Practicing Principles

A lot of our pre-melee discussion, in Atlantia and elsewhere, seems to center on assigning people to various roles. Where do we put the junior fighters? Where do we put the senior fighters? Who’s in command? Everyone together? Specialized units?

I think Windmasters’ Hill has it right: everyone should be capable everywhere. We shouldn’t ask ourselves “where do we put the newbies?” because we shouldn’t have newbies – at least not the kind that have never experienced melee before. If we have a rank newcomer who has never held a sword before, we don’t throw him into a tourney; we have him practice for at least a few weeks. Melee should be the same. It’s not just something for events.

General Guidelines

This whole series has been about how melee derives from the same principles that govern singles fighting, plus a few asterisks. Training is no different.

Start with single sword – it’s less complicated. Also, it forces you to be better, to learn to fully utilize a single tool.
Start slow – whether you’re practicing a free 2v1 or a new maneuver, do it slow to begin. Let people see how it works. Then gradually go up to speed.
Critique – especially outside observers. Ask questions. Get your fighters thinking in the right direction. But keep it short – you can’t improve if you’re not in mask.
Build up from smaller parts – Again, 1v1 is hard enough for junior fencers. Don’t start them at 5v5. (Besides, you may not have enough people for that.) 2v1, particularly with skilled fencers who will take things slow and let them learn, is excellent.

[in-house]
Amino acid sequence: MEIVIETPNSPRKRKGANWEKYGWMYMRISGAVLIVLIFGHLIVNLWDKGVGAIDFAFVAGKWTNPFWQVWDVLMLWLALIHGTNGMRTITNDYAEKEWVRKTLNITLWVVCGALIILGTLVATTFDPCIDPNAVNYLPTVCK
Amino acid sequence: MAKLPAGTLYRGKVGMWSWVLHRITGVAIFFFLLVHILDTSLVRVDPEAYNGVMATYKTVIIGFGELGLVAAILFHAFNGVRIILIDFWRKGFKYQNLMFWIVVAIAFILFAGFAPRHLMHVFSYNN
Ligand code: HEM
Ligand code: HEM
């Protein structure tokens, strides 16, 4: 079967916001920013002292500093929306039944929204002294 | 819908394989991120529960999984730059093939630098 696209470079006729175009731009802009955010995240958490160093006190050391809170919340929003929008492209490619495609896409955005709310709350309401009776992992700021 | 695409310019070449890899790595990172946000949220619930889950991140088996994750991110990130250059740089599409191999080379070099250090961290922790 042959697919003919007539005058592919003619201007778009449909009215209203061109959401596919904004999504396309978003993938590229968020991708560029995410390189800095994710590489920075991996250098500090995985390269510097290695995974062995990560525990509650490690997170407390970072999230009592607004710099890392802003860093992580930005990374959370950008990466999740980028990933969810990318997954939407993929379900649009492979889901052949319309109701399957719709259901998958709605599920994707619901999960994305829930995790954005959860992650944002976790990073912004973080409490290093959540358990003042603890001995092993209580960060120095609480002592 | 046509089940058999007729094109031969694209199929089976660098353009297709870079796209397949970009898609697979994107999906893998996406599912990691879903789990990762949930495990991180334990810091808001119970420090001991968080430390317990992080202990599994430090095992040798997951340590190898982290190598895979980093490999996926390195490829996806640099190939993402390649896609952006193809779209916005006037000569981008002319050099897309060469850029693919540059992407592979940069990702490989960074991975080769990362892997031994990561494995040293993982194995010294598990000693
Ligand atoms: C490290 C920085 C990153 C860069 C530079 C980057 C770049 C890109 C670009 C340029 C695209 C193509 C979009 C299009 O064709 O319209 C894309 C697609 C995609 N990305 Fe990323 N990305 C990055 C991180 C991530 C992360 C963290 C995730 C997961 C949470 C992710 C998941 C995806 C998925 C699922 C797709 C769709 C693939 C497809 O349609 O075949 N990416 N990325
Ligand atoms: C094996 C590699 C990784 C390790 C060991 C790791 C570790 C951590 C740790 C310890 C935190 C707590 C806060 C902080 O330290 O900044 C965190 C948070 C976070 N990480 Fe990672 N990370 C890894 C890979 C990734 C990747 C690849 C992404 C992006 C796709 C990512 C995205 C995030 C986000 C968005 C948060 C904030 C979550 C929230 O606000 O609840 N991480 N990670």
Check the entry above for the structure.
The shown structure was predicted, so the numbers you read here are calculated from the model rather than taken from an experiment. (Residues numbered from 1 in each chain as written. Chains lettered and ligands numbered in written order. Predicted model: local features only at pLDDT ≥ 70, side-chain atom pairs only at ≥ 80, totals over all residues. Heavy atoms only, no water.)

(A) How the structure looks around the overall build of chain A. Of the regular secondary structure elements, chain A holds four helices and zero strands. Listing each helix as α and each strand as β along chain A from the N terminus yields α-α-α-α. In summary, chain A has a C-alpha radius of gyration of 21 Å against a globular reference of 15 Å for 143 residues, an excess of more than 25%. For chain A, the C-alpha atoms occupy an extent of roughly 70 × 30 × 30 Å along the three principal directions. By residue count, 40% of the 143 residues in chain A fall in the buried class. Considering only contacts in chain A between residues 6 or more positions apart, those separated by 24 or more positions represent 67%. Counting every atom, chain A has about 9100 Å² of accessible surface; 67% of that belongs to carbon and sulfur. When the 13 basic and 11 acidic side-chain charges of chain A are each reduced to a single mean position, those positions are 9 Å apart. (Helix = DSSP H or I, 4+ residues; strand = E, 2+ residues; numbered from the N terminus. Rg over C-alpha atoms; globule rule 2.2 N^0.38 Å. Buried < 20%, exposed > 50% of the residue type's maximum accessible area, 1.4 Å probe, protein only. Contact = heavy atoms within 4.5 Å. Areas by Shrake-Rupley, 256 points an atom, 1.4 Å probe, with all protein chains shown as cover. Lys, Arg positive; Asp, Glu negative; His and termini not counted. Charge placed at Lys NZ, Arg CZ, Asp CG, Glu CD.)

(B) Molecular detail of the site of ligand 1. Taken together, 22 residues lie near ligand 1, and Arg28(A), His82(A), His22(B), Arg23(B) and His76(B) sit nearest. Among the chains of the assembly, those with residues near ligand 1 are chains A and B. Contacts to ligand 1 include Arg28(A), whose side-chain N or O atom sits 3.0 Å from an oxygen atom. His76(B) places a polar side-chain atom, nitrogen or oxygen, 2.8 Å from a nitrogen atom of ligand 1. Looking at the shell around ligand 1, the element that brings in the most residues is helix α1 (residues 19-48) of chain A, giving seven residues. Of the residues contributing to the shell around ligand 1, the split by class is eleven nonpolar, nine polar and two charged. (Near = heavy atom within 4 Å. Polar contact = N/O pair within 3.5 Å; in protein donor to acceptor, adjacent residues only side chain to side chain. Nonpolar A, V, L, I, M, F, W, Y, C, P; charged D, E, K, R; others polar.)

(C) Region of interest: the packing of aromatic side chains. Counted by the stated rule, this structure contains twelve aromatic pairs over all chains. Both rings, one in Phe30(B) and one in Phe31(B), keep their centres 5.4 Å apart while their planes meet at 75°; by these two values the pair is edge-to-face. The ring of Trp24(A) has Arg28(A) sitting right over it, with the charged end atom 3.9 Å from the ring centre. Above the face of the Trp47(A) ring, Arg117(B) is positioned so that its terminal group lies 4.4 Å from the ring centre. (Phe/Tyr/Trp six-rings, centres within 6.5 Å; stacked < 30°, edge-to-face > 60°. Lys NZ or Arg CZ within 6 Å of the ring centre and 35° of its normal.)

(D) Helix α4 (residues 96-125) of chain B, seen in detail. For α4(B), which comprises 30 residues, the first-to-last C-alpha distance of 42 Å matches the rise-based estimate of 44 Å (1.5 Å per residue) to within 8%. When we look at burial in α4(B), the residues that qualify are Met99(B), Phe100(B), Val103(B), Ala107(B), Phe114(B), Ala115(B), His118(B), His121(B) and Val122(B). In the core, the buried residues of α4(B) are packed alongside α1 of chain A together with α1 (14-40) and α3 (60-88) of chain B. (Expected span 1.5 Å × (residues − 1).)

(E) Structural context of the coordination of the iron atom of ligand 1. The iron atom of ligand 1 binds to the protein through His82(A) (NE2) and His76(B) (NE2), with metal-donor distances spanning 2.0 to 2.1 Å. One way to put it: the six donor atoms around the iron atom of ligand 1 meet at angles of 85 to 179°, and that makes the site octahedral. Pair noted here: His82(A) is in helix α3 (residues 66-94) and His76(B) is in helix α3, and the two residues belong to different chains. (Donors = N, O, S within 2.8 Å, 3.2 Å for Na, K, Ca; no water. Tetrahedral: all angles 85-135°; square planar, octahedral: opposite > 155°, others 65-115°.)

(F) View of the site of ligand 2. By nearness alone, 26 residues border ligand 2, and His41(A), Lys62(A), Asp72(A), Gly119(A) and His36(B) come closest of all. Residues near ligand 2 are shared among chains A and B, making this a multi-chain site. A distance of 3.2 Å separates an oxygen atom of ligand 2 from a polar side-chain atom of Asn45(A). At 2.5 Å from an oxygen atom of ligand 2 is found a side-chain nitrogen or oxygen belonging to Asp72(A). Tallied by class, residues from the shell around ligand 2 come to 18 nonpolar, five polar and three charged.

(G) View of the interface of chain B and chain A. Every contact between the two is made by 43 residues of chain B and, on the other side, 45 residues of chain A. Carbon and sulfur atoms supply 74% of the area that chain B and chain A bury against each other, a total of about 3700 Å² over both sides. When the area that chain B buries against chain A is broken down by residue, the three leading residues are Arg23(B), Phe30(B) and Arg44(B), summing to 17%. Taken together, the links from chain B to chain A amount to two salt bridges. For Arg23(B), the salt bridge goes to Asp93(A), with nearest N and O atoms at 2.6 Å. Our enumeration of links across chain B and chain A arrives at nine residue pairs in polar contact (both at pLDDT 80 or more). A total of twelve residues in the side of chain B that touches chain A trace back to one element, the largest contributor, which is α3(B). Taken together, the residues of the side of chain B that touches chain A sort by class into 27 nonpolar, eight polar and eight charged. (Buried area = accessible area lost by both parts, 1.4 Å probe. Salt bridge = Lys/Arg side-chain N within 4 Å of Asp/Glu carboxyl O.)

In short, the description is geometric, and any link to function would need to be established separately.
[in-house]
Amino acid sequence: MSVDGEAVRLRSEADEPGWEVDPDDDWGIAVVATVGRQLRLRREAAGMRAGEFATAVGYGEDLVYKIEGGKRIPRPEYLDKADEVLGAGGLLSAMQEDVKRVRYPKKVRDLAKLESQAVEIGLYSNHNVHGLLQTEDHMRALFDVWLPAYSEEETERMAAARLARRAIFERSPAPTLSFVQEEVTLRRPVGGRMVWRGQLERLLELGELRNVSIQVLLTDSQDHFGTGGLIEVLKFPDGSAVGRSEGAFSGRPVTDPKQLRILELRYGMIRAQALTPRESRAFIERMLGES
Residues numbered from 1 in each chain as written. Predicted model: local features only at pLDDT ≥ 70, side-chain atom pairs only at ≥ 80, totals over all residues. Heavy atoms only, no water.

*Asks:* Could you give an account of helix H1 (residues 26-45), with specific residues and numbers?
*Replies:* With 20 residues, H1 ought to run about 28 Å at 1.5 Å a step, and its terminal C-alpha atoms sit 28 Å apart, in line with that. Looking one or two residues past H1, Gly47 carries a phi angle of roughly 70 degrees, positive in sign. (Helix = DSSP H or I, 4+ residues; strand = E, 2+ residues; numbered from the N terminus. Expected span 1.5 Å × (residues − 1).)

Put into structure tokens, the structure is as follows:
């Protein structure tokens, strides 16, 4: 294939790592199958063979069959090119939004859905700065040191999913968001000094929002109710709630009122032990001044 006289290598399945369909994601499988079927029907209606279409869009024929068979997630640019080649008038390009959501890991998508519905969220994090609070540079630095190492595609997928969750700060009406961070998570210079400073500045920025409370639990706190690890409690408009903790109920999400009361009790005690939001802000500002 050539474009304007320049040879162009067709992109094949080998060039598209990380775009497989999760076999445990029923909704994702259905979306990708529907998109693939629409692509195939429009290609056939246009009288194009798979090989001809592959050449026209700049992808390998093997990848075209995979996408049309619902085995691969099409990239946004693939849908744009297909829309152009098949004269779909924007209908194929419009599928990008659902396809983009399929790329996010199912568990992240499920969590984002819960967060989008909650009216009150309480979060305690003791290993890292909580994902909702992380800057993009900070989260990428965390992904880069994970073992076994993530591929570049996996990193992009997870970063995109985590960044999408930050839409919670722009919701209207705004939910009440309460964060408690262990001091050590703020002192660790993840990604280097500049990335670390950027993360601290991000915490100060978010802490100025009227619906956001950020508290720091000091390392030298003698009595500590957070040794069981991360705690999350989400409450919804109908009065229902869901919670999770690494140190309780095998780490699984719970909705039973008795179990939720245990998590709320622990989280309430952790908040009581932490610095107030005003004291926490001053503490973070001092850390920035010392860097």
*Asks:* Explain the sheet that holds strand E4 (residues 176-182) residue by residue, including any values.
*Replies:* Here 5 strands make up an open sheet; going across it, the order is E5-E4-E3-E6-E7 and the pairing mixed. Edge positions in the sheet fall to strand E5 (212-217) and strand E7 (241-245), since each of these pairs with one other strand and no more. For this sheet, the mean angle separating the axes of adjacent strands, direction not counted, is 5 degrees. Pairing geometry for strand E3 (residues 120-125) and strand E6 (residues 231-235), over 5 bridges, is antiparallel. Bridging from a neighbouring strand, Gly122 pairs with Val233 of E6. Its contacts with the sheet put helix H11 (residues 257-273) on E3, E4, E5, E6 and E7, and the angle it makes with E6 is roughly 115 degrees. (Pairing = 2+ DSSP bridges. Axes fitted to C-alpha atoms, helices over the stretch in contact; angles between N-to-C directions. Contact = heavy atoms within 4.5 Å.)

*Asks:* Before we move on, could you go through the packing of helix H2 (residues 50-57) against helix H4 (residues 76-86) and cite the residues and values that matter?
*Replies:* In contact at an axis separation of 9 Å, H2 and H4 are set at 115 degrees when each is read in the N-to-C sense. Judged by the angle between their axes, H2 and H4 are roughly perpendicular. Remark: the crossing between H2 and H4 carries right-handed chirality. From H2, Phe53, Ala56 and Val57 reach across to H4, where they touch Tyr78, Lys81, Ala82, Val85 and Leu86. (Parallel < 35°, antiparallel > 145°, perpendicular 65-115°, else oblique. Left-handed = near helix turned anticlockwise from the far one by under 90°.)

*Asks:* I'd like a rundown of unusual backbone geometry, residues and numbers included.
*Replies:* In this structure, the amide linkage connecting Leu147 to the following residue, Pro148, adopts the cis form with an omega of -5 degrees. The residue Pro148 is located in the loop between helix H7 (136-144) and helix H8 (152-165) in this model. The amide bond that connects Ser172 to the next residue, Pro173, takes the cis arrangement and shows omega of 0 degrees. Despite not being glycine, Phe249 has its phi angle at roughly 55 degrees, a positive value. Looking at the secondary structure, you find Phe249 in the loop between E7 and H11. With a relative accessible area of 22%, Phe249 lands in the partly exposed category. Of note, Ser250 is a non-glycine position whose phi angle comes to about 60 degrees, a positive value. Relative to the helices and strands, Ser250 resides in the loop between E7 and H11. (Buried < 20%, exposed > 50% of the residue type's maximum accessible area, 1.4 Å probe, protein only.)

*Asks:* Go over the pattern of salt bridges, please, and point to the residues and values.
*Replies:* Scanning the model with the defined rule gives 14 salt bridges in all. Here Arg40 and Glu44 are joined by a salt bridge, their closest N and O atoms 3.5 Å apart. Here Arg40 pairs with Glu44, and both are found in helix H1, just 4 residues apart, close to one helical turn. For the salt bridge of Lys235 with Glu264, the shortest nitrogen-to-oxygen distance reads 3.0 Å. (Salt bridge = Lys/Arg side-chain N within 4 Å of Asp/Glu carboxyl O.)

Schedule it – whatever your practice, if you have three regulars, put melee on the schedule. Maybe it’s thirty minutes a week. Maybe it’s two hours once a month. Whatever you decide, make sure it gets done.

2v1

Melee is all about 2v1s and 1v1s. I’m guessing that you’ll be getting plenty of practice in the latter. The former is, I feel, important enough to warrant getting half of your melee practice time, or more. A few caveats:

Limit the space in which you can run. There’s a tendency for the solo fighter to just run around or run away. That doesn’t help learning much. Block off a sizable but not excessive amount of space for the fight – 40 or 50 feet square is plenty.

Everyone should play every role – especially inexperienced fighters. It might seem cruel to set a newbie against two others, but that’s exactly what’ll happen on a line. Skilled fencers should be gentle, of course, and ensure that learning takes place, and the fight should be slowed to begin.

In larger melees, make sure that newbies get experience on a line, on a skirmish squad, and in command. Rotate fighters frequently – unless you are working something specific, teams should be consistent for only 2-3 runs. Learn to fight with everyone!

Stop the fight once it reaches 1v1 (e.g. the solo fighter kills an opponent and breaks measure). A settled 1v1 is not melee (not at least three people) and will only waste time. It may also be appropriate to halt larger melees if one team has an insurmountable advantage. Use your time effectively.

If you have the space, run multiple 2v1s simultaneously. Try to have as many people fighting as possible. But don’t forget the water breaks either.

A good goal to have is that, while armed with single sword, any two fighters at your practice can beat any other solo fighter, consistently and at speed. At that point, introducing secondaries is appropriate.

Some Variations

Static – No maneuvering allowed. Set up the fight with everyone at rough line-fight distance. Fighters may not move sideways or retreat (defined as moving the back foot behind its starting position). This is a rough simulation of a line fight and makes concepts of Readiness and Opening very clear very quickly. It’s recommended that the solo fighter be experienced and probably have a secondary.